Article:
AZCC physician-researcher authors article in Journal of Clinical Oncology

Daruka Mahadevan, MD, PhD
Daruka Mahadevan, MD, PhD

New therapies for treating non-Hodgkin’s lymphomas (NHL) are joining tried and tested therapies, but there needs to be an understanding of how rational combinations match within the “hallmarks of cancer,” according to a recent review article in the Journal of Clinical Oncology by Arizona Cancer Center physician-scientist Daruka Mahadevan, MD, PhD, director of the center’s Phase I New Drug Development Program.

Dr. Mahadevan, a member of the AZCC’s Lymphoma Research Consortium and principal investigator of Project 1 of the Lymphoma SPORE, says finding the right combination of drugs to treat relapsed and refractory NHL is like putting together a puzzle, a task that is challenging and a moving target.

In the article, Dr. Mahadevan and co-author Richard I. Fisher, MD, of the University of Rochester, chairman of the Lymphoma committee of SWOG and principal investigator on the Lymphoma SPORE with Thomas P. Miller, MD, compile the results of about two dozen early phase clinical trials involving more than 750 B-NHL and T-NHL patients and discuss these studies within the context of overlapping oncogenic pathways.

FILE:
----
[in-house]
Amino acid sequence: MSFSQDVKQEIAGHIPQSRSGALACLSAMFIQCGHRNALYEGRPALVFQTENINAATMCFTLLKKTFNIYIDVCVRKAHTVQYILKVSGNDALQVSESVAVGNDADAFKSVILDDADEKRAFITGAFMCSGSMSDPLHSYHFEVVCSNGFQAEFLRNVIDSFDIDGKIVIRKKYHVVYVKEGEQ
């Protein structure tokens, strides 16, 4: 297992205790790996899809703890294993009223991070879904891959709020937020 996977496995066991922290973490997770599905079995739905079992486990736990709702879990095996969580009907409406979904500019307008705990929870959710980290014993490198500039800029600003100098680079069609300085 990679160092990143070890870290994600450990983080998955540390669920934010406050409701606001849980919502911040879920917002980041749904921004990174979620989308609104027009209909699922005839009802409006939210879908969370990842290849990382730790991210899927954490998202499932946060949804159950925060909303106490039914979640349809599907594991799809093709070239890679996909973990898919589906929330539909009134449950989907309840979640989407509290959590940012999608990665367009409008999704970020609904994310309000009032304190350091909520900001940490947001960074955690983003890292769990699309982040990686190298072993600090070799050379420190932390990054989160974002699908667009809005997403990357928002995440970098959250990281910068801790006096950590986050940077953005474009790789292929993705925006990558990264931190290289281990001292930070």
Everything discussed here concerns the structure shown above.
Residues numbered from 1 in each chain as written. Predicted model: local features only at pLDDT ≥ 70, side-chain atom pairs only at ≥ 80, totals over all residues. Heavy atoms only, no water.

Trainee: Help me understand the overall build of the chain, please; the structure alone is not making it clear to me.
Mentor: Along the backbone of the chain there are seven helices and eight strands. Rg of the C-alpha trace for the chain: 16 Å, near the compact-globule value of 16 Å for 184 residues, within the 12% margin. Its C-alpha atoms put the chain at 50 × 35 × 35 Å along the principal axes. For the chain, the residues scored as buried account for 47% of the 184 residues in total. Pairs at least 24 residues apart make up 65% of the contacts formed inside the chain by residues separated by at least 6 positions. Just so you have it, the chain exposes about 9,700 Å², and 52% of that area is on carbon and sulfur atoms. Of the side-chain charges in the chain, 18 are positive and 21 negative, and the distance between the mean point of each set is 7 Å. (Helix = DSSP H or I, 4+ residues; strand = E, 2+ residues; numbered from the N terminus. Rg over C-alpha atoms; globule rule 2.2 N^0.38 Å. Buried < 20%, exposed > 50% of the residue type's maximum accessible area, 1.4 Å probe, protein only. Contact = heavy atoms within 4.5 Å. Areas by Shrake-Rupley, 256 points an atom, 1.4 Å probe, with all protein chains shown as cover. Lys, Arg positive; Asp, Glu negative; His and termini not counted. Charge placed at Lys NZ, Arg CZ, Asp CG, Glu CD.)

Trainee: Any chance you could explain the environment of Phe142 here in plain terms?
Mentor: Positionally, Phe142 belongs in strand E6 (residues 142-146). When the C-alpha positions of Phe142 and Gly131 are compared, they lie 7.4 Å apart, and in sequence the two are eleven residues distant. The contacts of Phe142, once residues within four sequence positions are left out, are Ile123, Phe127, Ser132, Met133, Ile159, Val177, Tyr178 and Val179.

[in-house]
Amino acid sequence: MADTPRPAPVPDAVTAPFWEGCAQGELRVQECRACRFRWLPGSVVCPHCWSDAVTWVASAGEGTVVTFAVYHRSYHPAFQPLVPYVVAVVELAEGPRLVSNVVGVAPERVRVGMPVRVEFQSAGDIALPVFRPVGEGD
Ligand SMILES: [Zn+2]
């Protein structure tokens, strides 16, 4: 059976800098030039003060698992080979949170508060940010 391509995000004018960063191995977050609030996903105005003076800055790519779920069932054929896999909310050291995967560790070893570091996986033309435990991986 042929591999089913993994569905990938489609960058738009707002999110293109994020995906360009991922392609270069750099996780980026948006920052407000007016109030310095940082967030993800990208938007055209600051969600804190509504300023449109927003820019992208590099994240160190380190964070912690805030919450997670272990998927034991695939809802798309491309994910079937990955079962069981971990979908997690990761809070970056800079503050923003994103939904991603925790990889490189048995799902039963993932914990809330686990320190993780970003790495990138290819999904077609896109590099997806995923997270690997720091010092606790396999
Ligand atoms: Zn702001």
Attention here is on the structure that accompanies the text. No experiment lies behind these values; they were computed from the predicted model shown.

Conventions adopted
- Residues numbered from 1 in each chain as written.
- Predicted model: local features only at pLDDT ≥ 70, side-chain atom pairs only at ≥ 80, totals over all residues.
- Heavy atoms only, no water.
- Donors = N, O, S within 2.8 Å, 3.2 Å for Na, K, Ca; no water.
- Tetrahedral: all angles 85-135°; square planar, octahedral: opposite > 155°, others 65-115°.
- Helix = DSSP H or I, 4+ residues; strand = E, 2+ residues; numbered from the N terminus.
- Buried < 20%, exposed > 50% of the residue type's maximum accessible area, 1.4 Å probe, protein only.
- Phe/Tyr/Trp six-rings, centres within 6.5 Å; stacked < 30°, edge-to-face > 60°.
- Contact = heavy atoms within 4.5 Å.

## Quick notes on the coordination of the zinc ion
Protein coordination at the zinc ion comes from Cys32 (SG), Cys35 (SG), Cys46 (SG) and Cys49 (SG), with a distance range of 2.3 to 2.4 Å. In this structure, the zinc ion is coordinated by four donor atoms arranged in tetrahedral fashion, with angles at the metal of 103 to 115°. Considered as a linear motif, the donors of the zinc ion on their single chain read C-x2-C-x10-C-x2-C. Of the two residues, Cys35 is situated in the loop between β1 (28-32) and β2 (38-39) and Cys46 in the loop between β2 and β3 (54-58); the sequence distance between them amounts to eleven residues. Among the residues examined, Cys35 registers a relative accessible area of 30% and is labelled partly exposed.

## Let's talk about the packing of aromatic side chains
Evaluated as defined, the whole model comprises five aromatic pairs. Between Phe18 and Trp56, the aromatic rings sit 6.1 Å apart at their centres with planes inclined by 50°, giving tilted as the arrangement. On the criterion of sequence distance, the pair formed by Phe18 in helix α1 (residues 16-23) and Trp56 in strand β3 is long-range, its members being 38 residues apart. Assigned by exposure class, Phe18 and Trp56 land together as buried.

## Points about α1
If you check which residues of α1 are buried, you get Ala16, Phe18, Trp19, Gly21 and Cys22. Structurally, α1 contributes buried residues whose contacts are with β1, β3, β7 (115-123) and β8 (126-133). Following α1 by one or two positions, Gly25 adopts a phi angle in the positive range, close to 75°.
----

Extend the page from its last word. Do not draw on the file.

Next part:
The original hallmarks of cancer were six physiologic traits introduced in 2000 by cancer researchers Robert A. Weinberg, PhD, and Douglas Hanahan, PhD, but these have been extended to 10 hallmarks proposed by Dr. Mahadevan (WebMD, 2010) and the former authors in 2011 (Cell). Lymphoma researchers have focused on diagnostic-prognostic markers from large cohorts of patients but have for the most part avoided “druggable” targets, that is, targets within the lymphoma cells for which drugs can be discovered and designed to kill these cells.

Dr. Mahadevan said a "therapeutic signature" can be developed for each of the major subtypes of NHL using the 10 hallmarks of cancer, to generate hypothesis driven combination therapies that may be incorporated into novel biomarker-driven early phase clinical development programs.

“We are all digging deeper to find the drug targets and combination therapies that would lead to meaningful responses and cures for our patients” he said.